But Alvarez said Noboa’s emphasis on holding the referendum is also motivated by his future ambitions. “This vote is happening in the middle of an electoral race. And this allows the president to revive his image on social media and achieve more visibility.”

The security situation has a direct impact on the integrity of Ecuador’s democracy. In the lead-up to the snap election last August, a presidential candidate running on an anticorruption platform was gunned down outside of a rally.

And in recent months, politicians have continued to be targets of the spike in violence.

Five mayors have been shot dead since the year began, the most recent murder unfolding on Friday, just days before Sunday’s vote.

The slain mayor, Jorge Maldonado of Portovelo, was the third to be killed in less than a month. His death followed that of Mayor Brigitte Garcia of San Vicente and Mayor Jose Sanchez of Camilo Ponce Enriquez.

Suspects kneel in front of armed police officers. In front of them is a blue table with guns arrayed as evidence.
Suspects and weapons are displayed for reporters at a police station in Guayaquil, Ecuador, on January 11, shortly after a TV station was stormed during a live broadcast [Ivan Alvarado/Reuters]

Chance of a split vote

Critics like Alvarez underscore that referendums are no silver bullet to the security crisis.

Rather, they are a relatively common political tool. Since 2006, Ecuadorians have been asked to express their will through referendums nine times, on issues ranging from oil exploration to presidential term limits.

Paulina Recalde, director of pollster Perfiles de Opinion, also questions whether Sunday’s referendum will create the groundswell of support Noboa seeks.

While Noboa is angling for approval on all 11 items, Recalde’s research suggests that voters will not unanimously back all the proposals.

“Since the very beginning, we never found an overall majority. People won’t vote the same in all the 11 queries,” she said.

Recalde also said there was confusion over the vote. According to her research, 68 percent of respondents knew little or nothing about the referendum a month ago.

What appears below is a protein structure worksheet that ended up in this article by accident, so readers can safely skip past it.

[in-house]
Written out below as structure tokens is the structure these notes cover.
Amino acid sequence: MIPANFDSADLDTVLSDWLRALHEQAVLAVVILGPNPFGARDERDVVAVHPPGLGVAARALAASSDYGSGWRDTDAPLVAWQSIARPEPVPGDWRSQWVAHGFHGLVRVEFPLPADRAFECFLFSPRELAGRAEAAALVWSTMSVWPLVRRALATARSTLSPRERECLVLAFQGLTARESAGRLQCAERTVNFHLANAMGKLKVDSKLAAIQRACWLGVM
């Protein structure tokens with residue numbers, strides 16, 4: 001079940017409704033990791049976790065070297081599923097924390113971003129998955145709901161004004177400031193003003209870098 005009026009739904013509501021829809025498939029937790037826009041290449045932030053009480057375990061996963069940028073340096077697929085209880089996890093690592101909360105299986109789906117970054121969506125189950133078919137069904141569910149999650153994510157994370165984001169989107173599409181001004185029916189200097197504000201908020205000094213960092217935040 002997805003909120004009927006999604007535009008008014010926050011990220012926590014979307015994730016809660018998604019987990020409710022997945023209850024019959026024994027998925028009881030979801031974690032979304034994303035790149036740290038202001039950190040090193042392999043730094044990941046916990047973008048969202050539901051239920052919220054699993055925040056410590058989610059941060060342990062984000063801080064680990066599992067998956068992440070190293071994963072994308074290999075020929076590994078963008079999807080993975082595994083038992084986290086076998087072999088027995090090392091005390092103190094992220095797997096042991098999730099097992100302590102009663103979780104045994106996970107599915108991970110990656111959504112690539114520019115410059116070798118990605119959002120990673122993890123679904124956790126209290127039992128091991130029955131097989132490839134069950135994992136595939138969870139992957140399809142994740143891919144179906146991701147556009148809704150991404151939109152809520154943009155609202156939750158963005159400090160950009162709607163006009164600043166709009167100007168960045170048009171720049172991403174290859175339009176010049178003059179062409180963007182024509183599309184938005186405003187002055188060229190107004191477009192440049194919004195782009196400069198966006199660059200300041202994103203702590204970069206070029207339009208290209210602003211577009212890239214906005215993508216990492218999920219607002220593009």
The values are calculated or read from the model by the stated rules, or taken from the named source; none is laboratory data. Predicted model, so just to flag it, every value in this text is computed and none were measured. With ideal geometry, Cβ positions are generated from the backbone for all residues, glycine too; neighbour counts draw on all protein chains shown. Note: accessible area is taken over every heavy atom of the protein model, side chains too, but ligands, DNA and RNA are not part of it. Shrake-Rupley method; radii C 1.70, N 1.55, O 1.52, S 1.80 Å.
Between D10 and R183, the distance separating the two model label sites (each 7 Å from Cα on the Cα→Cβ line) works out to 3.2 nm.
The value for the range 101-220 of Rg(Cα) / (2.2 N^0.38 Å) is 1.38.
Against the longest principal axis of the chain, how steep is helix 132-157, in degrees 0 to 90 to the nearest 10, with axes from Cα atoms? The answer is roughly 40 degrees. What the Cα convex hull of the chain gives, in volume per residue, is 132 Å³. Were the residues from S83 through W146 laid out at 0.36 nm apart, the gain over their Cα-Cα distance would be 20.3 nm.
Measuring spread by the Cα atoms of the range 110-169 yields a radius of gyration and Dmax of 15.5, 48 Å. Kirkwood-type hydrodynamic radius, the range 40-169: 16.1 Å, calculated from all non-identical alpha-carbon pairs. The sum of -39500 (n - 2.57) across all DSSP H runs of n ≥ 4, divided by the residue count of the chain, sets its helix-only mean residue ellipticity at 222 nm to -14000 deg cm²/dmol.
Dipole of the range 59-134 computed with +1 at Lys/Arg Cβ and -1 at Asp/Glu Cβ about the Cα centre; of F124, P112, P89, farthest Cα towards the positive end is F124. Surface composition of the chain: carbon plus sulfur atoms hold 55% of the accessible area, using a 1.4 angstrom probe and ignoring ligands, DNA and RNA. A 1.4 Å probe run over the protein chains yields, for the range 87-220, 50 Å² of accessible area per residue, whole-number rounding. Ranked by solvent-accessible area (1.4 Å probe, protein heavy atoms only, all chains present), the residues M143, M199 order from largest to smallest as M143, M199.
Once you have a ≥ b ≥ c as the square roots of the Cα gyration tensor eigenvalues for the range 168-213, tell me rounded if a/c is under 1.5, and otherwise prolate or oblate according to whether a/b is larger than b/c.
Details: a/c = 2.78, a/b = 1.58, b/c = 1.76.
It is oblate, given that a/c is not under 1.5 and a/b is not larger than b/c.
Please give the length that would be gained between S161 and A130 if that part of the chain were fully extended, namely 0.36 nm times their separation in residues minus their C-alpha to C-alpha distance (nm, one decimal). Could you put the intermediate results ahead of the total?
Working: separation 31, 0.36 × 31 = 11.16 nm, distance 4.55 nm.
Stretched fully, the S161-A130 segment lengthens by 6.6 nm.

She added that the power outages Ecuador is currently experiencing — as well as a controversial police raid on Mexico’s embassy in Quito — could dent Noboa’s popularity, regardless of the vote’s outcome.

“If people vote yes to expand the role of the military, does it mean that they are providing strong support for the president? I would say no,” she said.

An armed soldier in a helmet stands guard on a Quito city street.
A member of Ecuador’s security forces stands guard outside the Ministry of Energy and Mines in Quito, Ecuador, on April 16 [Karen Toro/Reuters]

Arbitration on the ballot

One of the most controversial ballot measures in Sunday’s referendum asks Ecuadorians to implement a system of “international arbitration” to resolve conflicts between the state and private foreign investors.

In international arbitration, a third neutral party is used to reach a binding decision that settles any claims.

Supporters of the measure feel arbitration could safeguard foreign investment in Ecuador, thereby boosting the country’s economy.

“In a dollarised economy like Ecuador, we need an increase in strong direct foreign investments aligned with our public policies,” said Eric Vinueza, investment counsellor for the Corporation for the Promotion of Exports and Investments (Corpei) who supports the measure.

But activists have criticised this proposal as a tool to discourage the government from enacting environmental reforms that might disadvantage foreign mining interests and other overseas companies.

With arbitration, foreign investors could file complaints and negotiate settlements behind closed doors, leaving the public no recourse to appeal.

“These are private and unilateral judicial spaces which allow transnational companies to sue the states, where the states are only able to defend themselves,” said Ivonne Ramos, a mining expert at the NGO Accion Ecologica.

In the 2008 constitution, Ecuador prohibited any international agreement that would limit its national sovereignty, including through international arbitration.

Sunday’s referendum would undo that protection. Ramos added that international arbitration could come with steep expenses for taxpayers.

Ecuador already owes $2.9 trillion to foreign companies. It is currently involved in 29 different lawsuits before international tribunals, with half of the complaints related to mining and fossil fuels.

“Three of the eight pending procedures could cost more than another $10 trillion, which is our national budget for education and health for 2024,” Ramos said.

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What’s the solution to the rising tensions between Israel and Iran?





The United States says it was warned in advance of the Israeli drone strike on Iran.

Iran has shot down Israeli drones in the latest confrontation on Friday.

There have been global calls for restraint – with both East and West fearful of what further conflict could mean for the region and the world.

So, what is the thinking in Iran and Israel? And what is next?

Presenter: Elizabeth Puranam


Mohammad Marandi – Dean of the Faculty of World Studies at the University of Tehran

Gideon Levy – Columnist for the Haaretz Newspaper

Roxane Farmanfarmaian – Professor of Modern Middle East Politics at the University of Cambridge